Reb Nosson Tzvi remained silent when the couple entered. The person who escorted them in started to explain their situation, but the Rosh Yeshiva stopped him short: “Of course I know who they are, I’m thinking of their pain.” Then he turned to the husband and asked, “Do you ever feel people are staring at you?” The husband nodded. Reb Nosson Tzvi added, “I often feel that way and that people cannot understand what I’m saying [on account of the loss of muscular control from debilitating Parkinson’s disease].” Let’s cry together. And that’s what the Mirrer Rosh Yeshiva and the childless couple did.

Non-religious Jewish politicians who worked closely with Rabbi Moshe Sherer, the long-time president of Agudath Israel of America never felt that he looked down on them. New York Mayor Ed Koch said, “He personified the Talmudic rule, ‘Hate the sin, not the sinner’.” Upon Rabbi Sherer’s death, Alexander Schindler, the head of the American Reform movement, wrote a eulogy in The New York Times. The morning after his funeral, the black woman behind the entrance desk at the building housing Agudath Israel’s office, whom Rabbi Sherer always made a point of greeting effusively and inquiring after, and the Latin American building superintendent, whose family had been spared deportation because of Rabbi Sherer’s use of his political connections on their behalf, both wept openly.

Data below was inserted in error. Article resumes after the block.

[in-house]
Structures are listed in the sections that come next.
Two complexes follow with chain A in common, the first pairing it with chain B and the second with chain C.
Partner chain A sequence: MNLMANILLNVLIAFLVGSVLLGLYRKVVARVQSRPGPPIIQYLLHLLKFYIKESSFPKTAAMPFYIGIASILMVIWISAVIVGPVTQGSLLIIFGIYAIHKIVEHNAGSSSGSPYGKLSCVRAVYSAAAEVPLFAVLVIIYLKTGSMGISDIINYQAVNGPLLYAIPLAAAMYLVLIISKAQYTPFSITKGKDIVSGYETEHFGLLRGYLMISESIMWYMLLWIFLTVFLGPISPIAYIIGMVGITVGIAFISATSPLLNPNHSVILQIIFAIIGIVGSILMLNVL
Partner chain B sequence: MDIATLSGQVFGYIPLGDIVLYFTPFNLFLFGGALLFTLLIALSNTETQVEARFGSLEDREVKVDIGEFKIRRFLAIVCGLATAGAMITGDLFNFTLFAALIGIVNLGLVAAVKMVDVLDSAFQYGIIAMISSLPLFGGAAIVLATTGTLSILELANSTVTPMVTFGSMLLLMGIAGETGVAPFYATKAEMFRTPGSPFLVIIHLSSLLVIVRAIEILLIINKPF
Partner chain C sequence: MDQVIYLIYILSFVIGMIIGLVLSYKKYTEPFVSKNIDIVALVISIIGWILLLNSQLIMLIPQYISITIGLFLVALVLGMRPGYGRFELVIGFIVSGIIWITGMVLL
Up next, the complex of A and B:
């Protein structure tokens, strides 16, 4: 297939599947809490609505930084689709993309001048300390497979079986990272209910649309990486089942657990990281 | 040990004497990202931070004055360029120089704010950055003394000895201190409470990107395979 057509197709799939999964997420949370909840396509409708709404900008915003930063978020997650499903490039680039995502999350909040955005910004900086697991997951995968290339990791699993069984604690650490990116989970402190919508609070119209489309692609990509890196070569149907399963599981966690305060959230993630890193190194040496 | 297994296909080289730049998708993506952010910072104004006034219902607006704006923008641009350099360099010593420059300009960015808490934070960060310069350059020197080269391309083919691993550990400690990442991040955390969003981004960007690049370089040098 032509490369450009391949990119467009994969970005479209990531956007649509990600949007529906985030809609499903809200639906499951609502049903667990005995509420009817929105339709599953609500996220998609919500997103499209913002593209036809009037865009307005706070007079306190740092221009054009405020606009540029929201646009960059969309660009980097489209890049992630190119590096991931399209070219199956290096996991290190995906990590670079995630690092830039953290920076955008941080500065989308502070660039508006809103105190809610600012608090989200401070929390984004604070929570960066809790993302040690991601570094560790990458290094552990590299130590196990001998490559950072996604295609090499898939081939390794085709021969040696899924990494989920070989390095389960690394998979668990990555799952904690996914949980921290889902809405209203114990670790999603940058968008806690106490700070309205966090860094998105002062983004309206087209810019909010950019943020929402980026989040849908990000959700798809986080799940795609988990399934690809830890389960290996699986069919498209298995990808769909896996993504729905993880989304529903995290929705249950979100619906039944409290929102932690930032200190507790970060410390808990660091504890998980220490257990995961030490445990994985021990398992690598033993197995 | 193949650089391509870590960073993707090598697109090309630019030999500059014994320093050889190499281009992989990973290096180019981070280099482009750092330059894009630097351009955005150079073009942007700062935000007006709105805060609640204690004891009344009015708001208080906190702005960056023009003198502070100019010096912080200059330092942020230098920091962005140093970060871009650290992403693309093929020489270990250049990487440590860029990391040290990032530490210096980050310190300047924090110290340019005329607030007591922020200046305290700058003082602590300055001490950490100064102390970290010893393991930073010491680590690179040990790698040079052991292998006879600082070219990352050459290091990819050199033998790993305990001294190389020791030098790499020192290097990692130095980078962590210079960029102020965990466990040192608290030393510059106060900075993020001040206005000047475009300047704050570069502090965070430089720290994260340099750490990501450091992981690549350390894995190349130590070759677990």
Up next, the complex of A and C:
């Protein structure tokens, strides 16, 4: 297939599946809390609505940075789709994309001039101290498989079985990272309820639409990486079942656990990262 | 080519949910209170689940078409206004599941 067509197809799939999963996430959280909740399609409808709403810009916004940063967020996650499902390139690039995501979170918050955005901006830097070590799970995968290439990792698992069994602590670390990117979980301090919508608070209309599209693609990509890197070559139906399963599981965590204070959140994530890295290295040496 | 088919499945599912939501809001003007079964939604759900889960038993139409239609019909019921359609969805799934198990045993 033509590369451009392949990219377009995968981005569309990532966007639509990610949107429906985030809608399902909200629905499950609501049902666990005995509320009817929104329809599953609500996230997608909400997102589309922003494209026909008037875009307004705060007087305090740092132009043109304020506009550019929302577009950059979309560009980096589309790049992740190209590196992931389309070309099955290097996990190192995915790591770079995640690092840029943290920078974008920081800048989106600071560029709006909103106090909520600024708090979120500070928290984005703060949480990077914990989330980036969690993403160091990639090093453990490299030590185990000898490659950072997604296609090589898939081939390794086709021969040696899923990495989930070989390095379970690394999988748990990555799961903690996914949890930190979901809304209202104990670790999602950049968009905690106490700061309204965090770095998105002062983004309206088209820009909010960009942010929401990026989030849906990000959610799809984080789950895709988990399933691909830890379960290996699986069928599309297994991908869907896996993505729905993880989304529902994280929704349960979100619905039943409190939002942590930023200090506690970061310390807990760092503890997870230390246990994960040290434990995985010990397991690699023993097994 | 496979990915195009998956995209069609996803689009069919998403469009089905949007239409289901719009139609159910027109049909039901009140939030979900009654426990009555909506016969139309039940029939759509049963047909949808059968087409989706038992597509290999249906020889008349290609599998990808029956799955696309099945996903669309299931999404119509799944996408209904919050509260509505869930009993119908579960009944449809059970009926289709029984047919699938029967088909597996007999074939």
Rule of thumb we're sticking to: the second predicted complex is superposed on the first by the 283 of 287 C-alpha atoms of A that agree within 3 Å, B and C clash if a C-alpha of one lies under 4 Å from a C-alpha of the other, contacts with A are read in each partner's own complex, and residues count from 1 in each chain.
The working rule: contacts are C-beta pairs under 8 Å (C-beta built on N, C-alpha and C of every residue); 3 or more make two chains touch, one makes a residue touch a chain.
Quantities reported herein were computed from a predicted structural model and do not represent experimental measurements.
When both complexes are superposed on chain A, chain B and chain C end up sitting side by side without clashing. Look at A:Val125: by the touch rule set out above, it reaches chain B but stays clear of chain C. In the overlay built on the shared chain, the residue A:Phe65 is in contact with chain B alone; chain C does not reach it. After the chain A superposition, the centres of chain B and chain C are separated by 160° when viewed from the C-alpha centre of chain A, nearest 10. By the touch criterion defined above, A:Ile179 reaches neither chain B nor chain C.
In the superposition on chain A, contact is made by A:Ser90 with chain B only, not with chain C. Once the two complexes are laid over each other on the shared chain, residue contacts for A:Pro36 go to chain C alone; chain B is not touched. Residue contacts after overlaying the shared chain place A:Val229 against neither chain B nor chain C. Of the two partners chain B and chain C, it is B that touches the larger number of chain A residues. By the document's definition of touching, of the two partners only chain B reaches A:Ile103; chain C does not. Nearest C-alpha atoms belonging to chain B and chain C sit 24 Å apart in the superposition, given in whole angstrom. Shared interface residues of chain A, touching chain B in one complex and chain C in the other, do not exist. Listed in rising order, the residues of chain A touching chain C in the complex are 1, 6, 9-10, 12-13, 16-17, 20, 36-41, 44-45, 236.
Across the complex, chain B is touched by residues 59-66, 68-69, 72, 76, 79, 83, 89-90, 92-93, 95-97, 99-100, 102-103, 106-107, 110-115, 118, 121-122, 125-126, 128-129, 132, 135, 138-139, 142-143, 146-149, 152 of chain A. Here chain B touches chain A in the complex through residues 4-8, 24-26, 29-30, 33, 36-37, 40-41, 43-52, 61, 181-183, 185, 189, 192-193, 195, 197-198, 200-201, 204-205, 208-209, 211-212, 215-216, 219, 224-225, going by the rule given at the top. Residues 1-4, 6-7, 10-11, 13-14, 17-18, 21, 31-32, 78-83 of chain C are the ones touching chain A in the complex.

LAST FRIDAY NIGHT, a rav who was one of my role models at the beginning of the journey and remains one today spoke about yesterday’s fast of Aseret b’Tevet, which, according to some opinons, is the date of the sale of Yosef by his brothers. The Torah portion of the week, VaYigash, relates how Yosef and Binyamin fell on each other and wept. Rashi comments: Yosef wept for the two Temples that stood in the portion of Binyamin, which would be destroyed; and Binyamin wept for the Mishkan at Shiloh, in the portion of Yosef’s son Ephraim, which would also be destroyed.